Financial Times explains Beyond Oblivion business model:
The company had hoped to win a following among consumers in the increasingly crowded digital media market with a service that did not charge fees for downloading or monthly subscriptions and did not carry advertising. Instead, it planned to make money with a flat fee on new consumer electronic devices and computers that would let customers listen to all the music they wanted for the life of the device.
This is an interesting idea. A flat fee to listen and to download music is very appealing. Bundling this fee in the hardware’s price was a good idea too.
However, the whole product relies on too many agreements with other companies to be functional. It needs majors’ and also consumer electronic manufacturers’ approval. The majors have to take the risk, which they seem not to be willing to. And the manufacturers have to agree to collect the fee on behalf of Beyond Oblivion, which means more work, more money spent and a bet on the return on investment. On top of that, buying a new smartphone, tablet or computer would have forced the consumer to pay the fee another time discouraging him to buy new products.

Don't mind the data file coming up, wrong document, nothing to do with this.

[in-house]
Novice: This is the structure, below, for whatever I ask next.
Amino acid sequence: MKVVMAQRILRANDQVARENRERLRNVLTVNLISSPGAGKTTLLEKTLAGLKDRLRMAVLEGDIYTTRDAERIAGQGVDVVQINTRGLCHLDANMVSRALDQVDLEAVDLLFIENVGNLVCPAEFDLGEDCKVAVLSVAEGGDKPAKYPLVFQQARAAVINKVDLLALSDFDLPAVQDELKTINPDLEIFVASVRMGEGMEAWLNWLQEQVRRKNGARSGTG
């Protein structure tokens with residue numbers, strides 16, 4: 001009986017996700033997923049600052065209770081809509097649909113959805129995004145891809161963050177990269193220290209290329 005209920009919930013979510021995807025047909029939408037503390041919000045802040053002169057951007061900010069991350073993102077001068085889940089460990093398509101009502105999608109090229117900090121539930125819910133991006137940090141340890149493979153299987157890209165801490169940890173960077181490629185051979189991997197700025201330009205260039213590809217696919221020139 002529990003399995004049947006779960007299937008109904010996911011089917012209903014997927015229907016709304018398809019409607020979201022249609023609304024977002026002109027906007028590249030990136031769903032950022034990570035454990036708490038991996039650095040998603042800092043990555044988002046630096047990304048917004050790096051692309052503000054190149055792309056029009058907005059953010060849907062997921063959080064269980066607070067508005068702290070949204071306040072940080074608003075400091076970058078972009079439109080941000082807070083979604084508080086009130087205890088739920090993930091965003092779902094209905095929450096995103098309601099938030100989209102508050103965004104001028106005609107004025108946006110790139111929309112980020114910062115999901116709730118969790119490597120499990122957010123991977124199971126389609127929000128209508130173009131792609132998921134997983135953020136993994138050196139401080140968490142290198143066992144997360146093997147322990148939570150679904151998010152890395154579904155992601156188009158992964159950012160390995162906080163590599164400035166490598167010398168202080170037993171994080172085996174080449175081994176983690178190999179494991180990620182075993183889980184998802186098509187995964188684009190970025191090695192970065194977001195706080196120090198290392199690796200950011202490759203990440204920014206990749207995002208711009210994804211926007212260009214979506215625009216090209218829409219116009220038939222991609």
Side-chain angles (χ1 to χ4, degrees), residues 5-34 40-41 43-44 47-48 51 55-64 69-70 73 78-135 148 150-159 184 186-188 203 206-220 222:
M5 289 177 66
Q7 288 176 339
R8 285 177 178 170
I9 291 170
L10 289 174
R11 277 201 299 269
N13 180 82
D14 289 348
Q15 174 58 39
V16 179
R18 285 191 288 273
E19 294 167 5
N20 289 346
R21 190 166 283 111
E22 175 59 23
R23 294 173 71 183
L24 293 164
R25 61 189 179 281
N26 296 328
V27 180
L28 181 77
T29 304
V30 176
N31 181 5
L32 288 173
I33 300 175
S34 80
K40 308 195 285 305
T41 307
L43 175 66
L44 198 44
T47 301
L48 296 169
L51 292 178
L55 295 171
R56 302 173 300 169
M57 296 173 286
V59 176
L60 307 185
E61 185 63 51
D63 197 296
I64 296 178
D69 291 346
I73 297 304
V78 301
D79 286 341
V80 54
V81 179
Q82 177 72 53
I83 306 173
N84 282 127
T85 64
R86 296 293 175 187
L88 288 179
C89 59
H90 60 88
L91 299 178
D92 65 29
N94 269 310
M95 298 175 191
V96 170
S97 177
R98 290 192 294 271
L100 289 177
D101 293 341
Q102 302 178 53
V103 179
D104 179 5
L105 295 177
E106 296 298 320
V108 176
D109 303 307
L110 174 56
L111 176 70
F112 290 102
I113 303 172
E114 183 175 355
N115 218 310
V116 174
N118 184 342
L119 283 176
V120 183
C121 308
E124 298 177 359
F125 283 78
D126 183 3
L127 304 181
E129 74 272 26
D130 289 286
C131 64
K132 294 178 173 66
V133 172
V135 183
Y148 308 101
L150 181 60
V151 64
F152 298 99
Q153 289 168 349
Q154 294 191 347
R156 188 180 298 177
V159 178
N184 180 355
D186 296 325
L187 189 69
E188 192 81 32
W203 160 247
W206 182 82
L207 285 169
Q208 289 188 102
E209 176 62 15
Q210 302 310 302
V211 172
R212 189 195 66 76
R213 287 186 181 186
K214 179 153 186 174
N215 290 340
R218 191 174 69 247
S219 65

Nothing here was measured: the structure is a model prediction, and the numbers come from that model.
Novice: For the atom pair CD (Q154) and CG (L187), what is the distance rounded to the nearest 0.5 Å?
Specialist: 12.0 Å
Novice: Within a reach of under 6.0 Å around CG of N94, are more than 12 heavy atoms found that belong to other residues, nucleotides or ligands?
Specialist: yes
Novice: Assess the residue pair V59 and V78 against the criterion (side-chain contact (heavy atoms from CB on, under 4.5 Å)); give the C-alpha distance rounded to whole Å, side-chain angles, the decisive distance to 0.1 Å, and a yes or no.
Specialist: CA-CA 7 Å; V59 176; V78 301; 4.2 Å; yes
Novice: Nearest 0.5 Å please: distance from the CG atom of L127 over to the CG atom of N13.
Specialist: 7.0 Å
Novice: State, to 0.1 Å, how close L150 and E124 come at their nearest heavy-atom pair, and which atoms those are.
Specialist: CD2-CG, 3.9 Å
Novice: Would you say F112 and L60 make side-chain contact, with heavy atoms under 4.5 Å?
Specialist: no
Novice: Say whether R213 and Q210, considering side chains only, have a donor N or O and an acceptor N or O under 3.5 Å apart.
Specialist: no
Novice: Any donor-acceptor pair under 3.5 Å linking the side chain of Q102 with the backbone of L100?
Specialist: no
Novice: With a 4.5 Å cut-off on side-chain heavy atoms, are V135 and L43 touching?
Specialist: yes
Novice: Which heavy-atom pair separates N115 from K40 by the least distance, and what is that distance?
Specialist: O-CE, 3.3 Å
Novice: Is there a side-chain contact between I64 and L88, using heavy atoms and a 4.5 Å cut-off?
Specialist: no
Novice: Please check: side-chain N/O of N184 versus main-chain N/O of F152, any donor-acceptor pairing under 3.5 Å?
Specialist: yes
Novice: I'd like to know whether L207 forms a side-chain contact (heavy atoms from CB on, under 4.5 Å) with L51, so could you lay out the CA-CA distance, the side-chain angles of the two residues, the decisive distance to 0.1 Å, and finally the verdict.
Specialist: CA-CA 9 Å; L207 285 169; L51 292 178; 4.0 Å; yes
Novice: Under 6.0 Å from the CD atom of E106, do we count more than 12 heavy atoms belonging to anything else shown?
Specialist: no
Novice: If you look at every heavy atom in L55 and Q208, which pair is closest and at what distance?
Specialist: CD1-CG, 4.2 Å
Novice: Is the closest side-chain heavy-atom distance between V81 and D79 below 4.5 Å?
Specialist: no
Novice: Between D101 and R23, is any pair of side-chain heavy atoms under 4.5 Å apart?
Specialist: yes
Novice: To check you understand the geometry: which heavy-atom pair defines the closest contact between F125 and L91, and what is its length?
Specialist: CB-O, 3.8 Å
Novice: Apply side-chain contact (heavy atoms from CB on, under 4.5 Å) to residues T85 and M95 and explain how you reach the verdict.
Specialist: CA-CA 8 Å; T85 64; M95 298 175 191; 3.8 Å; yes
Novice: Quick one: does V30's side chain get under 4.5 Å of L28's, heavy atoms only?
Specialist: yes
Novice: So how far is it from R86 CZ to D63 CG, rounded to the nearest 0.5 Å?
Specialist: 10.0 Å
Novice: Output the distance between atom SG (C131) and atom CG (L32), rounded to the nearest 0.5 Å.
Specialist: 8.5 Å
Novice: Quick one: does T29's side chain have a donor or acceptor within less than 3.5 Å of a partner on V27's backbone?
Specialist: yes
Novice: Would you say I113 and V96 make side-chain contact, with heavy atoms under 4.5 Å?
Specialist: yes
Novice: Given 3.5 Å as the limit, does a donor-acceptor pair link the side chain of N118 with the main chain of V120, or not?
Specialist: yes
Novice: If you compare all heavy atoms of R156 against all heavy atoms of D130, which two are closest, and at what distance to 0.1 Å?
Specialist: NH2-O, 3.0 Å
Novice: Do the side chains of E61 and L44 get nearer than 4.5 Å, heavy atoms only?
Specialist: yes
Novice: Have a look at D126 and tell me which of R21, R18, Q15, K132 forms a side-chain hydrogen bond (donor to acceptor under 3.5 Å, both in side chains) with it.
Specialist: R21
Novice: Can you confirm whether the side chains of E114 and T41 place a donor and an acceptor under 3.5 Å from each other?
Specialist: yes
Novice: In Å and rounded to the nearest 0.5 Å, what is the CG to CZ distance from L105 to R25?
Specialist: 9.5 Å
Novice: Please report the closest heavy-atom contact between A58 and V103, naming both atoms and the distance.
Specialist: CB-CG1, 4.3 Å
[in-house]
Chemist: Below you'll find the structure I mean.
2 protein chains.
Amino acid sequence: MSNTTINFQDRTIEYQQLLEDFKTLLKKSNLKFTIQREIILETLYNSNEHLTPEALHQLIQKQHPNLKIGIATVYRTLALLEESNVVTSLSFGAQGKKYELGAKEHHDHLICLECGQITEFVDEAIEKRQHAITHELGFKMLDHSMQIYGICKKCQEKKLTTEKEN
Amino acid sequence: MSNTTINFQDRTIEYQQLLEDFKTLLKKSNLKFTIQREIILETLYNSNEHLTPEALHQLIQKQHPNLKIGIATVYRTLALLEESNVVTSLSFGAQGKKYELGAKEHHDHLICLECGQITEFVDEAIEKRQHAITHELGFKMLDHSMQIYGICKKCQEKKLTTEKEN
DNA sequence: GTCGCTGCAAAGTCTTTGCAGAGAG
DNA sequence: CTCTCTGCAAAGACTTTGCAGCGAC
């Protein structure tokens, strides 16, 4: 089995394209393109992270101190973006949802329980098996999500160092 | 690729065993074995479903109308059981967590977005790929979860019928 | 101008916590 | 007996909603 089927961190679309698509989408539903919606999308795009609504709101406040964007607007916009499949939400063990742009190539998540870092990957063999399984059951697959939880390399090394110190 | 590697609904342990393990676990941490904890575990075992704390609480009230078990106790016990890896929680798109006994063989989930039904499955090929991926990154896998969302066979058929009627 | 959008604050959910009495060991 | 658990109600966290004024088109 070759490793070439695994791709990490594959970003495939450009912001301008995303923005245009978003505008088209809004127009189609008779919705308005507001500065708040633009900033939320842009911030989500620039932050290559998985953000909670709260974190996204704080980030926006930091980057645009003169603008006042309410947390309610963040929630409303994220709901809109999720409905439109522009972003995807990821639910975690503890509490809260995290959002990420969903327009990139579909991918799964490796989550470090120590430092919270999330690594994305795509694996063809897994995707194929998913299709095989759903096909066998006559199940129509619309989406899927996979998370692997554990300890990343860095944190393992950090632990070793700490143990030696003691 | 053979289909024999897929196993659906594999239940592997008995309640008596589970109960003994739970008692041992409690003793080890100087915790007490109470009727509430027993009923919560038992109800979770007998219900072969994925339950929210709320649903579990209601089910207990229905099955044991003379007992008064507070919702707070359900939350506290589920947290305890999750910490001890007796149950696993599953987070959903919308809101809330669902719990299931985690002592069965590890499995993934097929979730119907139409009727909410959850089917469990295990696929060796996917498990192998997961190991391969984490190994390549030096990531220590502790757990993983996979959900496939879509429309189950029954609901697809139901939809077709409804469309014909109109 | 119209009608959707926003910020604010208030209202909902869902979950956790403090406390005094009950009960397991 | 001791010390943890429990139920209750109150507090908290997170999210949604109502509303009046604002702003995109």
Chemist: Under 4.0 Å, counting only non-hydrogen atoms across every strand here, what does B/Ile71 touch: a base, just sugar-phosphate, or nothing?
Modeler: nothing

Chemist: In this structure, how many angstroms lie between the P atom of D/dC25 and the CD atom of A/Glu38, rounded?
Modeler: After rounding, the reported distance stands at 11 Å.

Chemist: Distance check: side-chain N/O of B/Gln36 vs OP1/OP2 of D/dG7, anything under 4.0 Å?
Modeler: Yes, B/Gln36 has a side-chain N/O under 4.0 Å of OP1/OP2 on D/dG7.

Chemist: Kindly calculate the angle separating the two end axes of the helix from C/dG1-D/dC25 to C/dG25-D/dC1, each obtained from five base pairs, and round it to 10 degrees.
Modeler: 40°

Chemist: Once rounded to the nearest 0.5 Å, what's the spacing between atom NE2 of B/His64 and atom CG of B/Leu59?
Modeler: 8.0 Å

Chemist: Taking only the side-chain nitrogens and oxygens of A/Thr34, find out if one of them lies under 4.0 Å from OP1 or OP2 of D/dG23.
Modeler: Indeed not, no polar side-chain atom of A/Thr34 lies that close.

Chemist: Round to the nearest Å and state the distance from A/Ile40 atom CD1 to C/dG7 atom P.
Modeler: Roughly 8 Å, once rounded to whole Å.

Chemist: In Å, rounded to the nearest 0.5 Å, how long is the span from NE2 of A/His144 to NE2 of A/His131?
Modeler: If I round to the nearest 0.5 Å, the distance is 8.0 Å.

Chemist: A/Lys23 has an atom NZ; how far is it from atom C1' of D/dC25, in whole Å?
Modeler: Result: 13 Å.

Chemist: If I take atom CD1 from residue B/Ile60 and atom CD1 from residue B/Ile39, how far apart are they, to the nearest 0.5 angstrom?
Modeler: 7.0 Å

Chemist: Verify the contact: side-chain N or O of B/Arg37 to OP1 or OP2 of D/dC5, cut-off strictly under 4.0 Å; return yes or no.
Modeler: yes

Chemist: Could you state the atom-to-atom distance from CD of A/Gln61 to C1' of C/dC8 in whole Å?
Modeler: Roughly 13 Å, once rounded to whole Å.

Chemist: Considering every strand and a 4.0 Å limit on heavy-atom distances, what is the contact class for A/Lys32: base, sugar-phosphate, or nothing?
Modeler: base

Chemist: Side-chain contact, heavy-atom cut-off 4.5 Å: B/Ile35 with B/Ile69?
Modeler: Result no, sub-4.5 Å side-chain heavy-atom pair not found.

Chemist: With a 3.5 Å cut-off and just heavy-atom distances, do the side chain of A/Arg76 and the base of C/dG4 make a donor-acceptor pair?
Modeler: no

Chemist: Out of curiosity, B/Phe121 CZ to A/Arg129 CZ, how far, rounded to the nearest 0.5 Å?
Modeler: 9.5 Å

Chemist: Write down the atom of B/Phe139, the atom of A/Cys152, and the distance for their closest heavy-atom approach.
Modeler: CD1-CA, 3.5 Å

Too big of a downside for both the majors and manufacturers, apparently.
I hope Beyond Oblivion’s idea will lead to another viable model though.
(via TheNextWeb, which resumes FT’s article protected beyond their paywall)